Sharing Really Is Caring
Over the years I have written for several publications and for a while I even managed two personal blogs. Somewhere along the line, I thought I would stretch and transform my written expressions into a one-man play.
The focus was love. In a Ntozake Shange inspired way, I pieced together monologues, poetry, and prose that I had written on the subject and combined them into a complete one-act work. I explored love of self, love of God, and of course my own pursuit of romantic love.
Since my early college days, I had been accustomed to sharing at times deeply personal aspects of my life with strangers. I don’t think it phased me because there was a certain comfort in typing something up, sending it out into the universe, and never having to really come face-to-face with the readers. There was a perceived wall between me and them. They could only judge words on a page. They could not judge me.
Showing up at a theater to perform a one-man play, with the spotlight on me, unable to see the faces, but knowing there were people in that audience watching, listening, and perhaps judging me and my story in real time was quite different. The night before the show I sat in my bathtub wondering if I had made a huge mistake. What was I thinking? Why on earth did I choose this most vulnerable path of expression? Yet, it was the night before the performance and too late to call the whole thing off.
So, I leaned into that vulnerability and for an hour and 10 minutes I shared, in my own words, my own journey with love. I heard the audience laugh. I heard them gasp. I also heard silence. There were immediate reactions that night when the lights went up. Strangers clapped. Friends hugged me. My mom told me she was proud of how brave I was. There was also a friend in the audience that night that slipped out after the show quietly. I thought her non-reaction was a reaction.
Days later though, I received an email from her. She shared that she left so soon after the show because she felt so deeply connected to a particularly melancholy monologue that she needed some air and time with herself. She told me that my sharing of my experience—which mirrored her own—made her feel for the first time that she was not alone.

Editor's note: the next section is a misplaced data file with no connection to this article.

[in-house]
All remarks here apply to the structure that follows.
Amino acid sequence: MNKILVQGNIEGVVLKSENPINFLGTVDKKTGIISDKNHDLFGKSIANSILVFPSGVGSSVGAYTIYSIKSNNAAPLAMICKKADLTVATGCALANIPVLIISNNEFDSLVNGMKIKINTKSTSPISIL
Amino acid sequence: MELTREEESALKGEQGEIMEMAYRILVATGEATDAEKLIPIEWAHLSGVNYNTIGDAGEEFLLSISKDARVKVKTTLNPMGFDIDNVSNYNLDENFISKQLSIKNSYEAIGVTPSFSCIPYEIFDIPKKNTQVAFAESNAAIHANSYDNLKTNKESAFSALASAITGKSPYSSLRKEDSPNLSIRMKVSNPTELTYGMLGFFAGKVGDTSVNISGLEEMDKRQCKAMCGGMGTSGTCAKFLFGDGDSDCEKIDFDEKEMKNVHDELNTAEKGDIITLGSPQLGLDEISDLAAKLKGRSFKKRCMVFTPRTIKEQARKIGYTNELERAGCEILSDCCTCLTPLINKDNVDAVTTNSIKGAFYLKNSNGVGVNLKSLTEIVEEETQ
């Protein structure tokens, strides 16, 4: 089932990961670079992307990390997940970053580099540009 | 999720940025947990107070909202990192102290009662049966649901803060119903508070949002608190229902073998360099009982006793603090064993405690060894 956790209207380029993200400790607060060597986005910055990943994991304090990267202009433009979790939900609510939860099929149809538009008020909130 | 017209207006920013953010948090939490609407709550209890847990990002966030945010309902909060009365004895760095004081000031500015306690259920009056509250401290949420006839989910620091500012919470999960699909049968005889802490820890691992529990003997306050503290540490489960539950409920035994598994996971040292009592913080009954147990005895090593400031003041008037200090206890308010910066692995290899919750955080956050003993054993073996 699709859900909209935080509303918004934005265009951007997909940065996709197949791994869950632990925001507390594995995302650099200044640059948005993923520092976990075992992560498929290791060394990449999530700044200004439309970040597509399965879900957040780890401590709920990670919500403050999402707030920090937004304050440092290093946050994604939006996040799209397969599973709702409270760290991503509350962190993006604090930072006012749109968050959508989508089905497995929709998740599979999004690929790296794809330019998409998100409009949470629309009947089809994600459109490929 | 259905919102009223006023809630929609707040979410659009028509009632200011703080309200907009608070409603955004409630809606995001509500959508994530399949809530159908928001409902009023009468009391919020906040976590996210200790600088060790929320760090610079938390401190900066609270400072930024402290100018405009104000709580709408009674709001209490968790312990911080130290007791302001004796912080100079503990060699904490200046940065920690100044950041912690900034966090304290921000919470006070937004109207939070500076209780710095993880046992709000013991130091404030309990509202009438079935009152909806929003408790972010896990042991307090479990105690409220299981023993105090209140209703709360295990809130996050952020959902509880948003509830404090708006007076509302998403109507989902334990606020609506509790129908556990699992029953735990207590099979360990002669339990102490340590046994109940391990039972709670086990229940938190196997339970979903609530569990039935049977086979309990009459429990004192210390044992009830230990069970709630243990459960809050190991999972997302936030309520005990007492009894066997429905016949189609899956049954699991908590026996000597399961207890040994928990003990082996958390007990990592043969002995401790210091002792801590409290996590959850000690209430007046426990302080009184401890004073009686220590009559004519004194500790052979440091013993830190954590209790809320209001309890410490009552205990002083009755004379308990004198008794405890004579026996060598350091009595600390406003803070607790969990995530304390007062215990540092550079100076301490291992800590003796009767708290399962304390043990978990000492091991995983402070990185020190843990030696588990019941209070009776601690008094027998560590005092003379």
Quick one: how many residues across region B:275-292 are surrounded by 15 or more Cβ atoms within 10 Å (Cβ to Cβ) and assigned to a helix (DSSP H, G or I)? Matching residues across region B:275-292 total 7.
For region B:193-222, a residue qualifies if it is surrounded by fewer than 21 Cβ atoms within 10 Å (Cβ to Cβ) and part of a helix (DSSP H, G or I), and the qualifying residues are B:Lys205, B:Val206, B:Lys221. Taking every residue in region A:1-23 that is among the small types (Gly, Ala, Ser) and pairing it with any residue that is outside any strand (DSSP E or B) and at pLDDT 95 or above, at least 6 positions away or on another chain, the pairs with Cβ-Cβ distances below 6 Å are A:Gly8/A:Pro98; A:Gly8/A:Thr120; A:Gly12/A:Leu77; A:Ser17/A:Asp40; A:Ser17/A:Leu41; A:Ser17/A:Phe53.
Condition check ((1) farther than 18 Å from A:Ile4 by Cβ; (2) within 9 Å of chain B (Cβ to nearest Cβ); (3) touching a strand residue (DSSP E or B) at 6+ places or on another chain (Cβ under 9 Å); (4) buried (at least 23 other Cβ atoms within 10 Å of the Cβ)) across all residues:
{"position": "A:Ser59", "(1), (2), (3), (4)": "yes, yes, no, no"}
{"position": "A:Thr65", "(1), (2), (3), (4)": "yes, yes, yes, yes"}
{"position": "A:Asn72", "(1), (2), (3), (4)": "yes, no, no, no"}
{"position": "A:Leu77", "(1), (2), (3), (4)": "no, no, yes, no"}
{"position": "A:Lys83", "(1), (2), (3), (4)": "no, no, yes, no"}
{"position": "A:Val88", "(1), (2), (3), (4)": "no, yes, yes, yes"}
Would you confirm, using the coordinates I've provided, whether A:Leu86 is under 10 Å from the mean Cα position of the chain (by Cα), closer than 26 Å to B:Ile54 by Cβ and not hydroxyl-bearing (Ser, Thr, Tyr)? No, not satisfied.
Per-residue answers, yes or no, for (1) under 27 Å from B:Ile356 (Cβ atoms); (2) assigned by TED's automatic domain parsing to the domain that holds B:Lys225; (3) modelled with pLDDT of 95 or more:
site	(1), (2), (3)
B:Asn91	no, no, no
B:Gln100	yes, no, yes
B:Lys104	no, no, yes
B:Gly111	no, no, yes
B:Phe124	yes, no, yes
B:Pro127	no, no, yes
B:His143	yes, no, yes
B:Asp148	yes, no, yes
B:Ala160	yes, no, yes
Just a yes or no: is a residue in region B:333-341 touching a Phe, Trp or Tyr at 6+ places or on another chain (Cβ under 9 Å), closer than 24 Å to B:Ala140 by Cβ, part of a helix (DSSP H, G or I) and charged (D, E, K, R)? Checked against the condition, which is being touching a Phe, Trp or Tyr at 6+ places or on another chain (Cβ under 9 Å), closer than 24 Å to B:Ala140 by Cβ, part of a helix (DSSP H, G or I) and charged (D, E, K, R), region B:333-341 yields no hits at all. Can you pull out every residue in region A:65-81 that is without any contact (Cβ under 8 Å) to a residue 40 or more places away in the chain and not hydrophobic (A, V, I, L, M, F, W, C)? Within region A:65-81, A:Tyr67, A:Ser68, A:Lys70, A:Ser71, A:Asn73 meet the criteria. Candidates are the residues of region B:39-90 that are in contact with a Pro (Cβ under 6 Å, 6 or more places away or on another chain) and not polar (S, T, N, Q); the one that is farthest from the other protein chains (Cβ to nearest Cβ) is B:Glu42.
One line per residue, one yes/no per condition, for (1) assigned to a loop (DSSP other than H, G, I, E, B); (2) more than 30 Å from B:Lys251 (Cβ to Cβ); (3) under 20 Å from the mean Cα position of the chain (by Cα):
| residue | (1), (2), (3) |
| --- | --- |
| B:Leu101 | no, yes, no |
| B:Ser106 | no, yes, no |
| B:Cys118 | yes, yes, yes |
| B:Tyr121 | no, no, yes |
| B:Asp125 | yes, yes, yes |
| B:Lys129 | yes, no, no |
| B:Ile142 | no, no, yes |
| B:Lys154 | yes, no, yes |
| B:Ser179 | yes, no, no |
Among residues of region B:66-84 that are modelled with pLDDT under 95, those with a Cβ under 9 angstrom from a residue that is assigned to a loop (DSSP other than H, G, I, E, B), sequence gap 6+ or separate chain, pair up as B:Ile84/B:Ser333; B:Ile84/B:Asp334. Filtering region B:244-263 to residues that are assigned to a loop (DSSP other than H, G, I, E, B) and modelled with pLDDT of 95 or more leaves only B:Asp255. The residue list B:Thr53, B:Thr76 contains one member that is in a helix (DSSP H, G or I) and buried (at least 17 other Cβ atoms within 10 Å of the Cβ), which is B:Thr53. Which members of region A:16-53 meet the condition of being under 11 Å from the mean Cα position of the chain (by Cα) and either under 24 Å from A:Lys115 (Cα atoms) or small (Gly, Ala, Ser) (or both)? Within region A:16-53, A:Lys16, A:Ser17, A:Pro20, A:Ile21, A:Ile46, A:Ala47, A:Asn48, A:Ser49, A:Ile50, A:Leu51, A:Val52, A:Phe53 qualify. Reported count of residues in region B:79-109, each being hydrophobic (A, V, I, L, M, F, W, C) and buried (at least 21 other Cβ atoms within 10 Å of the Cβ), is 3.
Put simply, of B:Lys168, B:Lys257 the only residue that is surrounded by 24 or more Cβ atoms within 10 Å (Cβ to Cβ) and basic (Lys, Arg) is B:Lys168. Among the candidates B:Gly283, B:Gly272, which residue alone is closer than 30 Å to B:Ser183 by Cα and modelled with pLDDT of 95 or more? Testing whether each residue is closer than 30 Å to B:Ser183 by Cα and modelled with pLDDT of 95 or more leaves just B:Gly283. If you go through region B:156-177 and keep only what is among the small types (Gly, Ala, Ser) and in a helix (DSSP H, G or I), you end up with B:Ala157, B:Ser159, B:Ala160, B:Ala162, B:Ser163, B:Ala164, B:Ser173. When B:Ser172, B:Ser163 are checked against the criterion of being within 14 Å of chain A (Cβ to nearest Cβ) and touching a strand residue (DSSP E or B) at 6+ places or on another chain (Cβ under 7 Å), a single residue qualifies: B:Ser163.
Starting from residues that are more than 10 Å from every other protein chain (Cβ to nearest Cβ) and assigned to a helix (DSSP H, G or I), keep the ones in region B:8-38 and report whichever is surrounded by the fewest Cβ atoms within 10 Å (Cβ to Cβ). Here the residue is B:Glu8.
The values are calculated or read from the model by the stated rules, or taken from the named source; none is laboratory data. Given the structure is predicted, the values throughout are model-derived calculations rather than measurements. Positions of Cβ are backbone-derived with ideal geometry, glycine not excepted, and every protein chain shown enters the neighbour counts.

That moment cemented for me that I had made the right choice in sharing in the way that I did. It also was the first time as a young adult that the words of C.S. Lewis crystalized themselves for me: “Friendship...is born at the moment when one man says to another, ‘What! You too? I thought that no one but myself…’” That moment and those words forever changed how I show up in the world and in my friendships, emphasizing the power of sharing stories and truths. We don’t have to all do it on a blog, in a column, or on stage, but essential to meaningful friendships is sharing right where you are with the people closest to you.
My family and I have experienced several challenges in the last three months after my mom had a stroke and other physical health trials. Thankfully, she has overcome them and is on the road to total healing. And thankfully, as I tried to navigate my role as her son and as a brother, while also trying to maintain my own mental and emotional health through the toughest of moments, I had friends who were not only just willing to listen to me, but to also share the experiences and knowledge that they’d gained from similar situations. Navigating a health system. Navigating family dynamics. Navigating the early stages of being a caregiver.
Their transparency was a gift that I hold close to me. They made me feel supported and not alone. They had gone through these things or were still in the process of going through them and we were in it together. Releasing judgement, embarrassment, and fear. Holding on, and being held up by vulnerability, empathy, and the bravery that grows from transparency and compassion. Sharing really is caring. ▼
Clarence J. Fluker is a public affairs and social impact strategist. Since 2008, he’s also been a contributing writer for Swerv, a lifestyle periodical celebrating African American LGBTQ+ culture and community. Follow him on Twitter: @CJFluker or Instagram: @Mr_CJFluker.